These contemporary issues had their analogues in the mid 80s-early 90s as I became an increasingly disaffected Catholic, and learned to question the institutionalism of the hierarchy, and indeed its excessive claims to obedience. In those days, we saw the first wave of sex abuse cases be stonewalled, liberal theologians silenced, despite their eminent standing and good faith, and the promise of Vatican II wither. And yes, the devaluing of women in the name of tradition alone, and the casual cruelty I saw inflicted on gays and lesbians did feed my dissatisfaction--injustice does, even if one is not the target of the injustice! For me, being a dissentient Catholic trained my eye on the institution, and taught me to value openness, transparency, and a broader church--one which ddi not hold itself out to be the only true Church, but a part of the broader Church, the "Church Catholic" rather than the Catholic Church.

[Edited to remove word-processing errors resulting in word salad.]

In becoming an Episcopalian, I found I was free to embrace the many benefits of Catholic spirituality, and I remain grateful to the Roman Catholic Church for my upbringing, and so very much of my faith and spiritual practice. In being free from an ecclesiology that did not fit me, I was able to treasure the good gifts I had been given.

Our Father's house has many mansions. I moved next door.

Thursday, December 22, 2011

"And We Know That All Things Work Together For Good"

Yesterday, my mother-in-law, Mabel, died. She had suffered from Alzheimer's Disease for years before I met her, and, when my fiancee (as she then was) and I stayed with my now-sister-in-law, I got to spend a little time with her. She was able to understand who I was in her daughter's life, to take pleasure in feeling that we had, after a fair number of vicissitudes, found our way to each other at last. Her death came after an unexpected sharp illness, and my wife and I had to get a flight the very same day. We bolted from New York, and found ourselves in North Carolina a few hours later.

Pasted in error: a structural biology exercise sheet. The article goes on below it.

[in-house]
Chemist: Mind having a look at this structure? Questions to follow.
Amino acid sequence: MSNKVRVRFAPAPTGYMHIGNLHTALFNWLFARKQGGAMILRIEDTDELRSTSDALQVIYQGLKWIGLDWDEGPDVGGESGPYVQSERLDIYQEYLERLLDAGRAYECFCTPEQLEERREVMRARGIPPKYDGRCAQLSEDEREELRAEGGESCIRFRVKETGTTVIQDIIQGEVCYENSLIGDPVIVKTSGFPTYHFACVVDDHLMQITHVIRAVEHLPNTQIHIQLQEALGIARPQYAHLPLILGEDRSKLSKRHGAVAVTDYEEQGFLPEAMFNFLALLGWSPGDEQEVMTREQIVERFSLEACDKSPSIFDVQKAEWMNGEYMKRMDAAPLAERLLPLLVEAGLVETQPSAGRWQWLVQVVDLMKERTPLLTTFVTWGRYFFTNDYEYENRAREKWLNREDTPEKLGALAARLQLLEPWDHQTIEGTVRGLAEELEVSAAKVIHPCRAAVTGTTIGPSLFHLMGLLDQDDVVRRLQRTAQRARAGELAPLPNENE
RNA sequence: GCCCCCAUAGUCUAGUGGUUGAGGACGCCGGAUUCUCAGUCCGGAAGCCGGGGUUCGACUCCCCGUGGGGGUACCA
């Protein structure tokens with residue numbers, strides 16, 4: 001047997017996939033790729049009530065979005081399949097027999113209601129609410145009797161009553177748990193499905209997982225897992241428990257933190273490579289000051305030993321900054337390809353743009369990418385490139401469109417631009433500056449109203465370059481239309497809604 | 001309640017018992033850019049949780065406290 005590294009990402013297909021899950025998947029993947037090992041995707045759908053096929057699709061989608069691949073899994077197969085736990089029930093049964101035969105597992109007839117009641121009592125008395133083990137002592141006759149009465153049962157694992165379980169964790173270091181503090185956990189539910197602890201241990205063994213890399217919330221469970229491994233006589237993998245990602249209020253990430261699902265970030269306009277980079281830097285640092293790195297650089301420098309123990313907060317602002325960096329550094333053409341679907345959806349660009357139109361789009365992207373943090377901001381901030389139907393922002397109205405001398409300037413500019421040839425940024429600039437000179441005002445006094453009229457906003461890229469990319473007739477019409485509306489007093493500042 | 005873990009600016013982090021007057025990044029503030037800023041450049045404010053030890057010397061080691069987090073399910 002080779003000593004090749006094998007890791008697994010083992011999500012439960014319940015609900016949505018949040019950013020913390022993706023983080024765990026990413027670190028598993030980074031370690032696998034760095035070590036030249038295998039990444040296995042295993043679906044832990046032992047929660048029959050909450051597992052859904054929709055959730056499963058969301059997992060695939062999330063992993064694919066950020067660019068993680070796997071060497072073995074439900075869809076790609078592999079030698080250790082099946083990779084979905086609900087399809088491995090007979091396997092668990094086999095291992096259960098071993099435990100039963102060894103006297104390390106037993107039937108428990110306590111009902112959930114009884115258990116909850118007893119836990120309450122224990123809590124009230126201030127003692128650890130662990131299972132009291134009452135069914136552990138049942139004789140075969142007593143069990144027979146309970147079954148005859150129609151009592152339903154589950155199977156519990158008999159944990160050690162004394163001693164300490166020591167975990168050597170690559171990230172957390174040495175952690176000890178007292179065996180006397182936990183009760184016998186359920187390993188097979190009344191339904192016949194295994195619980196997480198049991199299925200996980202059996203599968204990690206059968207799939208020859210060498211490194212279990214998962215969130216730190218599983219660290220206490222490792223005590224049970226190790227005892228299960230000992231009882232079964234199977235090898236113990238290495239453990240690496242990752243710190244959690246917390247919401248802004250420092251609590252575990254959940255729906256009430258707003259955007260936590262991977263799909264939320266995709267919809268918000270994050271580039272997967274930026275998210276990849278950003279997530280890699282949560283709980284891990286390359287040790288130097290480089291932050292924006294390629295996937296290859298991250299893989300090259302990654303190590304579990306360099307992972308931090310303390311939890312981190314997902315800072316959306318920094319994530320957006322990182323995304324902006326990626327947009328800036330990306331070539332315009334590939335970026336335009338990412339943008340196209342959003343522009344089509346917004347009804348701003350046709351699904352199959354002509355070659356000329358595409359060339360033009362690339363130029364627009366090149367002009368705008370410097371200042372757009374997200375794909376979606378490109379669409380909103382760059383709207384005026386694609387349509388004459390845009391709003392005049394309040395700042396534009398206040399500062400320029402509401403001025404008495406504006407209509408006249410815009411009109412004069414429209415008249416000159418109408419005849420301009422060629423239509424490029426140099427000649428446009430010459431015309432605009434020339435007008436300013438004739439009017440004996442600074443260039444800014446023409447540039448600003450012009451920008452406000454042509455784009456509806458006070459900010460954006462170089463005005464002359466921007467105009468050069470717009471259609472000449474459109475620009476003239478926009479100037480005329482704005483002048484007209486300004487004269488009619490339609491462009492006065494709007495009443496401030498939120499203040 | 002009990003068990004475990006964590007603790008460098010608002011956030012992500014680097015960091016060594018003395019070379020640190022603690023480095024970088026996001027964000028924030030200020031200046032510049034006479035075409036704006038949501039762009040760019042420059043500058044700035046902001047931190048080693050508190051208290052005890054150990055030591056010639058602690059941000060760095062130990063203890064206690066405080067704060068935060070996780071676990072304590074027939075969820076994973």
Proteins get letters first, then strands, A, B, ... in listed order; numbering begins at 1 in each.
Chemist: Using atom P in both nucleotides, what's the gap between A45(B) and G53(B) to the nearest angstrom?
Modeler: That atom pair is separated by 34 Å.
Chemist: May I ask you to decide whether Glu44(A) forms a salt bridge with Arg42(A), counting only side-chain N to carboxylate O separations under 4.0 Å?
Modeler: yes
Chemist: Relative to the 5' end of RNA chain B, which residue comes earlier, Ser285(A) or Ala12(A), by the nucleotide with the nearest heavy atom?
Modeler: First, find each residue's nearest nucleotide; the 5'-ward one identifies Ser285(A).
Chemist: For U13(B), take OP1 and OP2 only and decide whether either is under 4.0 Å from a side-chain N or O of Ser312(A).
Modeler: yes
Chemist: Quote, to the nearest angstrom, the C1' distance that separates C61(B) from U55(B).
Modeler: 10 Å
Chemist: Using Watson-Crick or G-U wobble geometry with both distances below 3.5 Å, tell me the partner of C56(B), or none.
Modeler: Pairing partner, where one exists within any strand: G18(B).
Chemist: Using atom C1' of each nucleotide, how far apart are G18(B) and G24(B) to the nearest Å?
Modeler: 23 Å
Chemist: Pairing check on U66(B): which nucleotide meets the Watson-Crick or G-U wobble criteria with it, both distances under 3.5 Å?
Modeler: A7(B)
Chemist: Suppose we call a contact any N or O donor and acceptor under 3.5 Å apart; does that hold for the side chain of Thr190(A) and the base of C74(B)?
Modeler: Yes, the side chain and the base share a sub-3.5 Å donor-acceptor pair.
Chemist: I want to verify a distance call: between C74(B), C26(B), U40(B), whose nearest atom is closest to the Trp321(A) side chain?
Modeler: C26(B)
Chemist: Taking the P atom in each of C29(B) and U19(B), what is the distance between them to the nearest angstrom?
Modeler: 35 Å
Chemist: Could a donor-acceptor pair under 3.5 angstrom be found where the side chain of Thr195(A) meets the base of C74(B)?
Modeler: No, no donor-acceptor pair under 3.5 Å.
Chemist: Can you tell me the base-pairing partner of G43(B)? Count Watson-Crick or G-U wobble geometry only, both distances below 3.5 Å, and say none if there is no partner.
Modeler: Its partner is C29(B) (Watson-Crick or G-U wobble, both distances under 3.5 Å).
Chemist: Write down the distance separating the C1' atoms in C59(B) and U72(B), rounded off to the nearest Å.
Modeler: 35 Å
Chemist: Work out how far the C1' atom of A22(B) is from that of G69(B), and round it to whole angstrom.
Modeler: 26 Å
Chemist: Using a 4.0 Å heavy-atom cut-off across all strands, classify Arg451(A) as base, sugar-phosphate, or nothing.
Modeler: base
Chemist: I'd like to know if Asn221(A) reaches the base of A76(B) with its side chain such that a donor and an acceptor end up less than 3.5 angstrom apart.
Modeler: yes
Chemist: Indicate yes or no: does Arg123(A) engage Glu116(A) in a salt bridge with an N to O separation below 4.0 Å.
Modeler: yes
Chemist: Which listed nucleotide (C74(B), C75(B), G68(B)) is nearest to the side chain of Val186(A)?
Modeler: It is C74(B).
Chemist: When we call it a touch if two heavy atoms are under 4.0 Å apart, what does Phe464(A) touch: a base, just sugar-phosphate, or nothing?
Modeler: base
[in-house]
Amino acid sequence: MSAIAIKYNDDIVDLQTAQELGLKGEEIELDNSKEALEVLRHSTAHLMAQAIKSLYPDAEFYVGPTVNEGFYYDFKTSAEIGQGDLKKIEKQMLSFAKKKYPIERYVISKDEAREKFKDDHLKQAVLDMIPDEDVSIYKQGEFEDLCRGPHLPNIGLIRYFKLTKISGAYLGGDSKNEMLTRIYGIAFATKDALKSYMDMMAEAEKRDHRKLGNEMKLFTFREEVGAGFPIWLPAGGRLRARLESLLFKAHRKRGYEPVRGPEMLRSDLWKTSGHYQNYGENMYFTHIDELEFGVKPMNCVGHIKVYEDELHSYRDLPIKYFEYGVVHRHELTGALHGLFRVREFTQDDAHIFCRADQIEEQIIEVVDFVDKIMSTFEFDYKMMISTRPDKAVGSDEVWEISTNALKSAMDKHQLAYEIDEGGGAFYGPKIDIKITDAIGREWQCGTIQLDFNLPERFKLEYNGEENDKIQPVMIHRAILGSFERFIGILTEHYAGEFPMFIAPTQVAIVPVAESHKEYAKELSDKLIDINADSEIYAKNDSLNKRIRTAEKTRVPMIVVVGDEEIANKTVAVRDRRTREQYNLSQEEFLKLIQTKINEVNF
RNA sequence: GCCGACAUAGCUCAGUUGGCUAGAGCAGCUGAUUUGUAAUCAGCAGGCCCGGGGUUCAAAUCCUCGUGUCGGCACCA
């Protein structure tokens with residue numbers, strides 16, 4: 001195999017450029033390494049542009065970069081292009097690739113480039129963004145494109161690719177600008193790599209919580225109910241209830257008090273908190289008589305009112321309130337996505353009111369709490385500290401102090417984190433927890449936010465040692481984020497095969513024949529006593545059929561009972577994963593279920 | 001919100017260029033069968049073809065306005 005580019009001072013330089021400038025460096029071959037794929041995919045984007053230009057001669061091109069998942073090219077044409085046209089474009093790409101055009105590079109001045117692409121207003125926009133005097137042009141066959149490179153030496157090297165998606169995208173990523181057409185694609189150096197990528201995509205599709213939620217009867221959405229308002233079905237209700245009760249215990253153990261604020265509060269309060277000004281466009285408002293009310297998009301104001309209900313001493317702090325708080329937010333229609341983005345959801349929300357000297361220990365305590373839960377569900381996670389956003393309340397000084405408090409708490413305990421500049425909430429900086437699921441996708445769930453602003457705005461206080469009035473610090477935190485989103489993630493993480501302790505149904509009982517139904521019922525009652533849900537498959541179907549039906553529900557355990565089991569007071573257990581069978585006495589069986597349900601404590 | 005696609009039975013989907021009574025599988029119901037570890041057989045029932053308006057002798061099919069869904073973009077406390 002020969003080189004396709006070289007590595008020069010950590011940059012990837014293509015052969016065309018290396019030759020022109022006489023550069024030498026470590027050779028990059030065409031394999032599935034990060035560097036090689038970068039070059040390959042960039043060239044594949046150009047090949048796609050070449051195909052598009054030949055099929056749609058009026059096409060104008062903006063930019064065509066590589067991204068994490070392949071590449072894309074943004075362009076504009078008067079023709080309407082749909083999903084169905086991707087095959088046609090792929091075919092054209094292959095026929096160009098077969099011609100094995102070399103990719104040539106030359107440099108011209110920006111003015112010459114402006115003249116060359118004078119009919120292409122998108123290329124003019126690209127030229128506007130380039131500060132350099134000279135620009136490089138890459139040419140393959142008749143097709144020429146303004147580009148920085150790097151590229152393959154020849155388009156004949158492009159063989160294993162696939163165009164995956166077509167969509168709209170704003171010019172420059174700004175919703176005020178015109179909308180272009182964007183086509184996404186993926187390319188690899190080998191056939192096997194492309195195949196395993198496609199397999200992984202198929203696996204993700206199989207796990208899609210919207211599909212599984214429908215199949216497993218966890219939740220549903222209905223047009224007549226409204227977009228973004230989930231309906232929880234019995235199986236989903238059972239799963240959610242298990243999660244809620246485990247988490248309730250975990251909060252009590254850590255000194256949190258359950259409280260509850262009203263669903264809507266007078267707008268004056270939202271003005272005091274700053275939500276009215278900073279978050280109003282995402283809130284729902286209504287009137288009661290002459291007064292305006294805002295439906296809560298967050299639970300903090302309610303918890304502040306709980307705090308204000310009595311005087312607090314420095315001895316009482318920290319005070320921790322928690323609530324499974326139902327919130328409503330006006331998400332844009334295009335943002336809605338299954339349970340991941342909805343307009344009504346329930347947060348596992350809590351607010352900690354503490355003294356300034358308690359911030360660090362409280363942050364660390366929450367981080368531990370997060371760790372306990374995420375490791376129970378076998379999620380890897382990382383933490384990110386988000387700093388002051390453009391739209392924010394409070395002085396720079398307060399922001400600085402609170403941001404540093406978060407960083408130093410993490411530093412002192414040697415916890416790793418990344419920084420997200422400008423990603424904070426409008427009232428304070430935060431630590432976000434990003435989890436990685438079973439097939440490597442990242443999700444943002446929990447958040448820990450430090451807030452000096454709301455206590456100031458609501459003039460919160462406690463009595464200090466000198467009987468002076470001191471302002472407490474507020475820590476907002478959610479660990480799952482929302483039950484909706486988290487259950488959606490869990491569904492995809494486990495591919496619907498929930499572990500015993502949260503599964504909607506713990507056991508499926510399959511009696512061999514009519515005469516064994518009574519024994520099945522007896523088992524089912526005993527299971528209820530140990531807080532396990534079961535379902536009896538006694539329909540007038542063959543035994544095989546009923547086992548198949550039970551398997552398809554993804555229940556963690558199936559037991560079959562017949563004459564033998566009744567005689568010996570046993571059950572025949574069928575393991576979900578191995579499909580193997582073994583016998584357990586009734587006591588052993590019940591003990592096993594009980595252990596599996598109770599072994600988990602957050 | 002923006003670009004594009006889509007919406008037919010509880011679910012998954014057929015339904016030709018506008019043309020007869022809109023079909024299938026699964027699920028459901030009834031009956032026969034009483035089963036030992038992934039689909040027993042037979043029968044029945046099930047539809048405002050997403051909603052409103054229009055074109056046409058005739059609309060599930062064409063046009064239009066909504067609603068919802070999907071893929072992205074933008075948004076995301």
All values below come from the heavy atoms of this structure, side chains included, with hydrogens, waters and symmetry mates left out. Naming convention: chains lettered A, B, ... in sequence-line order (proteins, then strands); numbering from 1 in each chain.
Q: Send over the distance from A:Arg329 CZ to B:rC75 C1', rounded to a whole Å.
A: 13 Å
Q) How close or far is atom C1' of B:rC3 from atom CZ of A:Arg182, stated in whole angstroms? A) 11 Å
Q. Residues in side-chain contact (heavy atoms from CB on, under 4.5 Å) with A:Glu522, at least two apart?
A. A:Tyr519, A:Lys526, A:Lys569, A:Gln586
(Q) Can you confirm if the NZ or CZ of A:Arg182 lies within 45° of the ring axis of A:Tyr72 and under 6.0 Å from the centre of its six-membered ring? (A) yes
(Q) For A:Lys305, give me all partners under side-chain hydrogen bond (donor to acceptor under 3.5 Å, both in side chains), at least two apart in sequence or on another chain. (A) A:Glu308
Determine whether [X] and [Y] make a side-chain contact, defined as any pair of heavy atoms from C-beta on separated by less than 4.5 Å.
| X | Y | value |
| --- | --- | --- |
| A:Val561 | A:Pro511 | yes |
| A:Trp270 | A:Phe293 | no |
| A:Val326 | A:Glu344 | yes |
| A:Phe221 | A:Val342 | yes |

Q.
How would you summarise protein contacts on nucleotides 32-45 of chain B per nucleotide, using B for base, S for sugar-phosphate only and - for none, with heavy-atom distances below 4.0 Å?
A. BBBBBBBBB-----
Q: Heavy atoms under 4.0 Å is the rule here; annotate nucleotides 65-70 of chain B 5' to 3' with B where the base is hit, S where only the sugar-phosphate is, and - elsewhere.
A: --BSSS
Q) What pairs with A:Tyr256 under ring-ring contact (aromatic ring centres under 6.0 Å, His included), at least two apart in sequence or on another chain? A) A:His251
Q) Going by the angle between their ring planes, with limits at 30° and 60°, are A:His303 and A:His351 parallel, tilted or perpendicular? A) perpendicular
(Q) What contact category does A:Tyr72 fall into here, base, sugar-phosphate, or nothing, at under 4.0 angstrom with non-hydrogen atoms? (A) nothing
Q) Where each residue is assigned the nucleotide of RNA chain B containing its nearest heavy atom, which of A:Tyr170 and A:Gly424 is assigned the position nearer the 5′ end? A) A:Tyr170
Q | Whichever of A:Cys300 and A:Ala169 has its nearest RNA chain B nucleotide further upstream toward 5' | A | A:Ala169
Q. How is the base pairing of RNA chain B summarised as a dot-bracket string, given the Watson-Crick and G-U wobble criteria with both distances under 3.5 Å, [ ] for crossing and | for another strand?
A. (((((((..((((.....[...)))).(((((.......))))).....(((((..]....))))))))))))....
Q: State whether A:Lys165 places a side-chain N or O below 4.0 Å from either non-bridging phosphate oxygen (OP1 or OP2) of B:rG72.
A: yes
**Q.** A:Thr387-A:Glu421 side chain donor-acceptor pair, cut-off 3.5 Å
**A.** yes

In meeting with Mabel's friends and family, and hearing their stories about her, I felt that I finally got to, if only indirectly, know a woman I'd only glimpsed. I was asked to help her long-term caregiver, a very kind, loving woman, select a passage of scripture, and also to find a poem by Robert Frost, Mabel's favorite poet. Here's what I came up with.

The scripture verse was Romans 8: 24-28:
For we are saved by hope: but hope that is seen is not hope: for what a man seeth, why doth he yet hope for? But if we hope for that we see not, then do we with patience wait for it. Likewise the Spirit also helpeth our infirmities: for we know not what we should pray for as we ought: but the Spirit itself maketh intercession for us with groanings which cannot be uttered. And he that searcheth the hearts knoweth what is the mind of the Spirit, because he maketh intercession for the saints according to the will of God. And we know that all things work together for good to them that love God, to them who are the called according to his purpose.
The last sentence is especially important to me, especially after I read Susan Howatch's novel Absolute Truths, in which, based on a sermon by Dean Alex Wedderspoon, she glossed the passage as: